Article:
Dealing with the tax affairs of the deceased step by step

Step 1: Contact the Tax Office

One of the first things that you have to do as the personal representative is to contact HM Revenues & Customs (HRMC) as soon as possible. You will be given certain forms and instructions for filling them out. Make sure to have the deceased’s full name, address and NI Number on hand.

Step 2: Filling in the Tax Forms

If the person paid their tax through PAYE – you have to fill in form R27 (Potential Repayment to the estate form) either partially or fully.

If the person paid tax through Self-Assessment – you will have to fill in form R27 and a Self-Assessment form.

Form R27 is used to calculate if any tax is owed or rebate due. The form will require information about the person’s income and capital gains.

The Self-Assessment tax return form is meant to support form R27 and will mainly ask for information about the person’s capital gains, student loans and tax rebates if applicable.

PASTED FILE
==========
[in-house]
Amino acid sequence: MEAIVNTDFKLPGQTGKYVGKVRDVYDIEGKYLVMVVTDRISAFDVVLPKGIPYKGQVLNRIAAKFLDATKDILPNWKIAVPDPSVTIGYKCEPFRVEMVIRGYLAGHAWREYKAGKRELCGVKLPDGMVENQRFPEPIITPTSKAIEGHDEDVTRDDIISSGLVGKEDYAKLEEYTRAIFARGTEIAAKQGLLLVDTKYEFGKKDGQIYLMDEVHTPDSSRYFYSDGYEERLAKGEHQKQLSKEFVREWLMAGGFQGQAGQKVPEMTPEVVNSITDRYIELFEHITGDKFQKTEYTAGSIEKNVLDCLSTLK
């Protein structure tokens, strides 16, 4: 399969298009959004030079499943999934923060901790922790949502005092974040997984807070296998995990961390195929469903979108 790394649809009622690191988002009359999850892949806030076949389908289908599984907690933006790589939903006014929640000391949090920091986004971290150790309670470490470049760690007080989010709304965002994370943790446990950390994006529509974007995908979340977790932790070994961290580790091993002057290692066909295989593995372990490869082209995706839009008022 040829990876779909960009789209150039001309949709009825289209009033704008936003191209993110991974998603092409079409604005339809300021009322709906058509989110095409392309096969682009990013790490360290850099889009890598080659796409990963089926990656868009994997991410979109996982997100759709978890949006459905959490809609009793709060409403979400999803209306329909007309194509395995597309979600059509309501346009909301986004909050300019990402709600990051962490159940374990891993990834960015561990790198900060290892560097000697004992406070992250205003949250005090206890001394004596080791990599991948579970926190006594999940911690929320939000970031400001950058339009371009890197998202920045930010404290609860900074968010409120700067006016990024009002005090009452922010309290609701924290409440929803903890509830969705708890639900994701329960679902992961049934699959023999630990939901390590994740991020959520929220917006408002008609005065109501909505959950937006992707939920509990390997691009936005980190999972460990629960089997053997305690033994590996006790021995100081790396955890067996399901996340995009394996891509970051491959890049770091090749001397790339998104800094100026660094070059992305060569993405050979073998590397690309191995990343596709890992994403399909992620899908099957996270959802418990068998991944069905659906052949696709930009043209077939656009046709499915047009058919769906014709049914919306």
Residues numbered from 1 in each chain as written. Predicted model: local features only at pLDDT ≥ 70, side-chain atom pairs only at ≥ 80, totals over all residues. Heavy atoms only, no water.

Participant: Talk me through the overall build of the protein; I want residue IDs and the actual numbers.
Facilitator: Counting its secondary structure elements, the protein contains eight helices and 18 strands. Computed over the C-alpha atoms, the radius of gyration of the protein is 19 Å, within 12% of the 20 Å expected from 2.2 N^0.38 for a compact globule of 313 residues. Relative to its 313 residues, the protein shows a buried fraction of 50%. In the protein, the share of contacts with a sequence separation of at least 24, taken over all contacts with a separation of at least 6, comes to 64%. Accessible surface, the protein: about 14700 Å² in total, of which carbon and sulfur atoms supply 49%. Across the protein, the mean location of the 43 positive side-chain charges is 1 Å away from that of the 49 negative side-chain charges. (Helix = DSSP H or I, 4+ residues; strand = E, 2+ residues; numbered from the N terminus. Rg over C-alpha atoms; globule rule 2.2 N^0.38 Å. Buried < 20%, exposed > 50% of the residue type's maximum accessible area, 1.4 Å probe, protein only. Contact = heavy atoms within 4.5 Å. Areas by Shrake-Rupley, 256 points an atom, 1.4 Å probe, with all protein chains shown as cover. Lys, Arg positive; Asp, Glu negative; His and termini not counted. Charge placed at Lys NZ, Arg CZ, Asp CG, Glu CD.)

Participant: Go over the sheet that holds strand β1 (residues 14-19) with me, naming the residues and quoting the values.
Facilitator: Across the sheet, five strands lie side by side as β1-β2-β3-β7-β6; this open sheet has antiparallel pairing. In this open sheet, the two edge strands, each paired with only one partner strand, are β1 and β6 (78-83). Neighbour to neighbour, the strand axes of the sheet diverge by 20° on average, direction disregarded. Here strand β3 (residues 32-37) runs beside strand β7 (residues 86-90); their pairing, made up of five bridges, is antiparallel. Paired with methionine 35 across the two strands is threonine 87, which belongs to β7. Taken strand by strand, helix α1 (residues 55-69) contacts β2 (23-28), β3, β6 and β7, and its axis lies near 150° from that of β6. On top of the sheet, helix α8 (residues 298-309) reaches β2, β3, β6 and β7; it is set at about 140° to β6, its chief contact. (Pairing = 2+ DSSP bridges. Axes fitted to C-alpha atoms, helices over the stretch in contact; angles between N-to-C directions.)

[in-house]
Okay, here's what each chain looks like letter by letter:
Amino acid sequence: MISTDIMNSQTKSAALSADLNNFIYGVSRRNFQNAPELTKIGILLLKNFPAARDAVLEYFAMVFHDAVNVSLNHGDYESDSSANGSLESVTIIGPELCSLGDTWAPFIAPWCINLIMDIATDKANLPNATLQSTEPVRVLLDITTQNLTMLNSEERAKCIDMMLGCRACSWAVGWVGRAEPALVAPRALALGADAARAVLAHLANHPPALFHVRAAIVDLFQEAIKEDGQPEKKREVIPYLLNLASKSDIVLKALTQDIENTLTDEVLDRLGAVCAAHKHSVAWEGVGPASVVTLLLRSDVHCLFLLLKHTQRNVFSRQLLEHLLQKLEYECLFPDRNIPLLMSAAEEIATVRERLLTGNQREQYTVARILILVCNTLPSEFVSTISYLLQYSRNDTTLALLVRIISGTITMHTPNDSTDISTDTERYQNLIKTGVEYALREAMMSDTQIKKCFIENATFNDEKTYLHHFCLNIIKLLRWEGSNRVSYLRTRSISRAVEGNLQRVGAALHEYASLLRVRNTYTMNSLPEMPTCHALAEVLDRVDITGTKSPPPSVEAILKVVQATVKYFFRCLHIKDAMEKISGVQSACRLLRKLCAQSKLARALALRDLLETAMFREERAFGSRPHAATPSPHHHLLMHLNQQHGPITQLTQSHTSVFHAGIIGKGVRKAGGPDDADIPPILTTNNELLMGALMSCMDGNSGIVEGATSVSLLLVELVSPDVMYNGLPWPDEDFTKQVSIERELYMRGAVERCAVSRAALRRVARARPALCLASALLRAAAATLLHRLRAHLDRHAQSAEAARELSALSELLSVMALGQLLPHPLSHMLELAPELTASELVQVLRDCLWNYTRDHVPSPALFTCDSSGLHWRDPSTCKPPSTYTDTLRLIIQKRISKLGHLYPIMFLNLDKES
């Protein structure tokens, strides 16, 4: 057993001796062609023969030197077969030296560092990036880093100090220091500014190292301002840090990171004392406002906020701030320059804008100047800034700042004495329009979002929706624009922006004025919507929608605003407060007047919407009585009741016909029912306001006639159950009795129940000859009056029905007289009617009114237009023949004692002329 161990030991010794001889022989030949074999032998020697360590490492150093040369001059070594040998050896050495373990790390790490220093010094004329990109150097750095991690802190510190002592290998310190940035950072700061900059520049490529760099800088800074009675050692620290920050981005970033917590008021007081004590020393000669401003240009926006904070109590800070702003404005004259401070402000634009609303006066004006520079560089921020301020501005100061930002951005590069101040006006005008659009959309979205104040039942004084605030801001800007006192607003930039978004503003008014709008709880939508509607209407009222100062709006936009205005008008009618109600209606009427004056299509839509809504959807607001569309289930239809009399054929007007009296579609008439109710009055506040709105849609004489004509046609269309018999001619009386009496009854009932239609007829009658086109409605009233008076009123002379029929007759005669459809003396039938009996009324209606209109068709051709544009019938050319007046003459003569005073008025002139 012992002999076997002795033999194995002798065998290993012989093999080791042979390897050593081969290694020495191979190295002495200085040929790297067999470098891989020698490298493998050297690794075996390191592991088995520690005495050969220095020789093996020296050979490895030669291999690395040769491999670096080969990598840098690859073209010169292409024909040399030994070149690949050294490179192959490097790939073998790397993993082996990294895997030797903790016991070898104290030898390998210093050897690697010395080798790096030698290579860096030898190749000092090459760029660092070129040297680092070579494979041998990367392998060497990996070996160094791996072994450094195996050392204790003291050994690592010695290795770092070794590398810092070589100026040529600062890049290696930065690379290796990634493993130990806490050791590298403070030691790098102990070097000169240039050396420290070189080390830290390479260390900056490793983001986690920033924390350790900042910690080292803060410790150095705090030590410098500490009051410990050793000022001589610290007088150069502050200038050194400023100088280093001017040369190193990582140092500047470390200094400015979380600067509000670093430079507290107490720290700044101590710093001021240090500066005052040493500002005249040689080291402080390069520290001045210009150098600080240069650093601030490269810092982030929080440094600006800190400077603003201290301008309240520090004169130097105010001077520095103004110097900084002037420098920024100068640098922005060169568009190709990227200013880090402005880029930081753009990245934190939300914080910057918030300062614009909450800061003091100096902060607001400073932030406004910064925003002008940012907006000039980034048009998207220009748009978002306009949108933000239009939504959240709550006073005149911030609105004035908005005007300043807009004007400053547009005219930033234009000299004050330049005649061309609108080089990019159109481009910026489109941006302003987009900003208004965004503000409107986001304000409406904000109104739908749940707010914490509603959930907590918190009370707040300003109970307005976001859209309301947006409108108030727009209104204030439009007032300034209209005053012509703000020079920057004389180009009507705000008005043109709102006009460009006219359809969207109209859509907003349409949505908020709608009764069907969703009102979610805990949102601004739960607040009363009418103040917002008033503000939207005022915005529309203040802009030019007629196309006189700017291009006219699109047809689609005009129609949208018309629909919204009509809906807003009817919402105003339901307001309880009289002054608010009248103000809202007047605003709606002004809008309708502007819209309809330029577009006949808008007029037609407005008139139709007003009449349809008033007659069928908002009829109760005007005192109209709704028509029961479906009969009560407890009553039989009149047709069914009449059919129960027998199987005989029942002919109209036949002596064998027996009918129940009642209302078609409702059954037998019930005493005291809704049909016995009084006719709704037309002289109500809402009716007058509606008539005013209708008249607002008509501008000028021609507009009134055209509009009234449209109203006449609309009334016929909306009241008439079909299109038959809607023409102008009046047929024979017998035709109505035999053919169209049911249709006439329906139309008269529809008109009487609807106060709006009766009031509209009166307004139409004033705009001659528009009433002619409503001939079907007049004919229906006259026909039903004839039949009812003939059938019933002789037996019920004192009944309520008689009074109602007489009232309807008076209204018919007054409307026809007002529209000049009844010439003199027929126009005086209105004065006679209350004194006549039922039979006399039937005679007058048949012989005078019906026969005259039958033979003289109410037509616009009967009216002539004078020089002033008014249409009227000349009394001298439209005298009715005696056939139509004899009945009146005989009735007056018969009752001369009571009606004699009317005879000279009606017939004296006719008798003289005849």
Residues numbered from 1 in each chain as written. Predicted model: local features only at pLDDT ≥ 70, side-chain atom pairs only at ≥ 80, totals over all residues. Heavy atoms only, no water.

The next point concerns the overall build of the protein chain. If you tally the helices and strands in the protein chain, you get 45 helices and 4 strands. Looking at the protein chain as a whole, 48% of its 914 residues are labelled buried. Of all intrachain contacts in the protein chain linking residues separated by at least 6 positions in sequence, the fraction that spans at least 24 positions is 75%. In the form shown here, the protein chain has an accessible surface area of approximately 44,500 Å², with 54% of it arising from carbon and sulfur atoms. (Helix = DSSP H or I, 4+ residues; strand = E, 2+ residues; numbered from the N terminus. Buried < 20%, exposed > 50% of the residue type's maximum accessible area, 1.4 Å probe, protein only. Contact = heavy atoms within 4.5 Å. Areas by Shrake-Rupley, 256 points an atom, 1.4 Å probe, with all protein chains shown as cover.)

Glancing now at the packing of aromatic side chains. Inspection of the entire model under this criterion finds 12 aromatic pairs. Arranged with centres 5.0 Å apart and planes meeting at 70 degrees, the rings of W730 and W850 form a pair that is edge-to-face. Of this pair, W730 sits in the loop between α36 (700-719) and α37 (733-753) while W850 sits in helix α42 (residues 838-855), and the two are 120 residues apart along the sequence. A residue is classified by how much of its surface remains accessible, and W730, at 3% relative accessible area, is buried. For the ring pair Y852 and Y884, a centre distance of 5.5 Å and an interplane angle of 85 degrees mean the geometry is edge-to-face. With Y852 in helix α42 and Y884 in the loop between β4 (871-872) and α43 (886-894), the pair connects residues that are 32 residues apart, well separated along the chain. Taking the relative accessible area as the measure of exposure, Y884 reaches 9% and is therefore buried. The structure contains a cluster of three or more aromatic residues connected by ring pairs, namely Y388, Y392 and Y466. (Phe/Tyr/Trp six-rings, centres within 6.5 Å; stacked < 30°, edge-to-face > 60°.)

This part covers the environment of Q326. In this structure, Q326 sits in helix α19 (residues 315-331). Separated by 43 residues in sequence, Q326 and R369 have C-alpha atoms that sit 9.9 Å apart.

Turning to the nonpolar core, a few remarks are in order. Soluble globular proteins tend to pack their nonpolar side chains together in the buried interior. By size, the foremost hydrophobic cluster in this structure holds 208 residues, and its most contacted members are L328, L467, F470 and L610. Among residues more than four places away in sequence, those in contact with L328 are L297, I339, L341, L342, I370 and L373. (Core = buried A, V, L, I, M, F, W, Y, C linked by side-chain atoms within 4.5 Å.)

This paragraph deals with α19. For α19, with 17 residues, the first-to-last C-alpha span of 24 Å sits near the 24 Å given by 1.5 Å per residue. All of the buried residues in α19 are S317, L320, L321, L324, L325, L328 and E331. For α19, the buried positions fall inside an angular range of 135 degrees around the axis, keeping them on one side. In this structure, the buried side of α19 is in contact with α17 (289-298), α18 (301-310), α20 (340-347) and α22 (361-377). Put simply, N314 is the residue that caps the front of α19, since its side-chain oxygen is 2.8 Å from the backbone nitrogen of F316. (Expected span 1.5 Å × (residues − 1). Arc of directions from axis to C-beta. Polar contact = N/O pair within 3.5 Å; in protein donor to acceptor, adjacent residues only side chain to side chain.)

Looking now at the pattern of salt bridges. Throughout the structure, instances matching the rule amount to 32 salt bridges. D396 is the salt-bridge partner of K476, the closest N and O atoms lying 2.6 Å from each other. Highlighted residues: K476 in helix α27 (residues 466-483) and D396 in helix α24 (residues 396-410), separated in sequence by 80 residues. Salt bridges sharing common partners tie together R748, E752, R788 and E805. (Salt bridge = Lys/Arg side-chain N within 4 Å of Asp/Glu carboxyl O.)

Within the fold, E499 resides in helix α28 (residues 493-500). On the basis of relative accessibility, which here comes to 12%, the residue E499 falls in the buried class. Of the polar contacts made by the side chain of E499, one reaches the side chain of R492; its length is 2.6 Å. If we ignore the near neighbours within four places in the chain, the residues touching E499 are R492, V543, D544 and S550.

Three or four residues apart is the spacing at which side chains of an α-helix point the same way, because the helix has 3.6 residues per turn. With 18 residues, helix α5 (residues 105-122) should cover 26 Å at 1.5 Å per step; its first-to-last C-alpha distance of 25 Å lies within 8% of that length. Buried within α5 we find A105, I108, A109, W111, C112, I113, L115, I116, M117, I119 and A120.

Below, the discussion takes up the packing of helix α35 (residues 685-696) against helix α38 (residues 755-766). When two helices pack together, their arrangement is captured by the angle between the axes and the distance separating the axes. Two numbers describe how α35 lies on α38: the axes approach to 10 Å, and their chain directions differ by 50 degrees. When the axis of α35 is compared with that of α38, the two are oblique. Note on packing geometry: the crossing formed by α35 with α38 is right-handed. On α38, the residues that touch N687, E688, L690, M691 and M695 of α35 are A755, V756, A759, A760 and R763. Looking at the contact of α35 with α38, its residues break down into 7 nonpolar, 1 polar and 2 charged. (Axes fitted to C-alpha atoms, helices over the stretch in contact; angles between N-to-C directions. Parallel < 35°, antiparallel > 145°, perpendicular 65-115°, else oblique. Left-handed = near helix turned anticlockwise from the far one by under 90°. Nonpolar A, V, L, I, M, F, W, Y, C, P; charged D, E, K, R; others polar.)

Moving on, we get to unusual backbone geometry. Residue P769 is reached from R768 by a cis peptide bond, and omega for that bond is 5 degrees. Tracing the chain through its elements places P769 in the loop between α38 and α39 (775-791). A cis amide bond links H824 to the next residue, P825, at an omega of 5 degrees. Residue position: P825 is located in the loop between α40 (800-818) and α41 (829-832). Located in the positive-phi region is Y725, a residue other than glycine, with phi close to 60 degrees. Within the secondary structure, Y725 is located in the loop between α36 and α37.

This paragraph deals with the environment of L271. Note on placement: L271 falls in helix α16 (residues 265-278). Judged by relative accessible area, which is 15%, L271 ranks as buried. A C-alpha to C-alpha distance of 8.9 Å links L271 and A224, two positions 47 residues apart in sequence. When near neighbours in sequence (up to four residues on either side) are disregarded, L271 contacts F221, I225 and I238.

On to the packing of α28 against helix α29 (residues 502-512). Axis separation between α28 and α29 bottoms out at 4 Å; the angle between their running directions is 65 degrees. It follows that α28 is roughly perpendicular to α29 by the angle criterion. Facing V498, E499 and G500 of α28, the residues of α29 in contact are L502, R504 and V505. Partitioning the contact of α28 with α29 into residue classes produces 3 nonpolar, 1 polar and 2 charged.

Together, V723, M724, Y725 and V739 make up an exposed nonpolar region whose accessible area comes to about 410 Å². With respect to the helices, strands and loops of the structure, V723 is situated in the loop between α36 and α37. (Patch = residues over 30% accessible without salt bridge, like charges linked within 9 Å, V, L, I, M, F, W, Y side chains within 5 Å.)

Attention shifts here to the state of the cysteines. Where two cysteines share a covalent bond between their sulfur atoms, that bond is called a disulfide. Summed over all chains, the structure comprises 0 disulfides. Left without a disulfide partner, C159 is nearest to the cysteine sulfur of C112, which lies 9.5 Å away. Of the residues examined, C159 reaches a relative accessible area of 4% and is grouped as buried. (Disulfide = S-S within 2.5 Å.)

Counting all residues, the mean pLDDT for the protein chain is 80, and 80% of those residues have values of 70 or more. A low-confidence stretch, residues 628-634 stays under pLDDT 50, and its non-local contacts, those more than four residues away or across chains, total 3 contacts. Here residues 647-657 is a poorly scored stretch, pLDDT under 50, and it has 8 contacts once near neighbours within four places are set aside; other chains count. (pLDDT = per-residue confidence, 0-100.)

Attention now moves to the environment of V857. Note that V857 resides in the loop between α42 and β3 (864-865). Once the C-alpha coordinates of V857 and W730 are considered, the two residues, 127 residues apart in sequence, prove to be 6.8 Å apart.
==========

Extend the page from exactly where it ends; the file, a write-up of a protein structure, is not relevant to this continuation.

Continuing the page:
Form R40 is used for claiming tax rebates if they are due.

Income Tax Allowance: the deceased will get their full tax allowance for the year of their death, as well as any blind person’s and married couples allowance if applicable.

Step 3: Contacting the Bank & Building Society

The banks and building societies need to be informed of the account holder’s death as soon as possible, to avoid accruing tax on the interest and therefore the estate.

Step 4: National Insurance

If the deceased was employed, no National Insurance contributions will be due after the date of death. If the deceased was self-employed, you have to contact the HMRC and cancel any standing orders for Class 2 contributions.

Step 5: Capital Gains Tax and Inheritance Tax

Whenever money is made from selling property or possessions of the deceased, you have to pay Capital Gains Tax. If you transfer the assets to the beneficiary under the conditions of the will or rules of intestacy (no will), no Capital Gains Tax will be payable on it by you. Find out the details from HMRC as you may not need to fill in the Self-Assessment tax return.

Before doing probate, you will need to at least partially pay the Inheritance Tax as the personal representative. Inheritance Tax applies to the estate left behind by the deceased if it is above a certain value (after exemptions).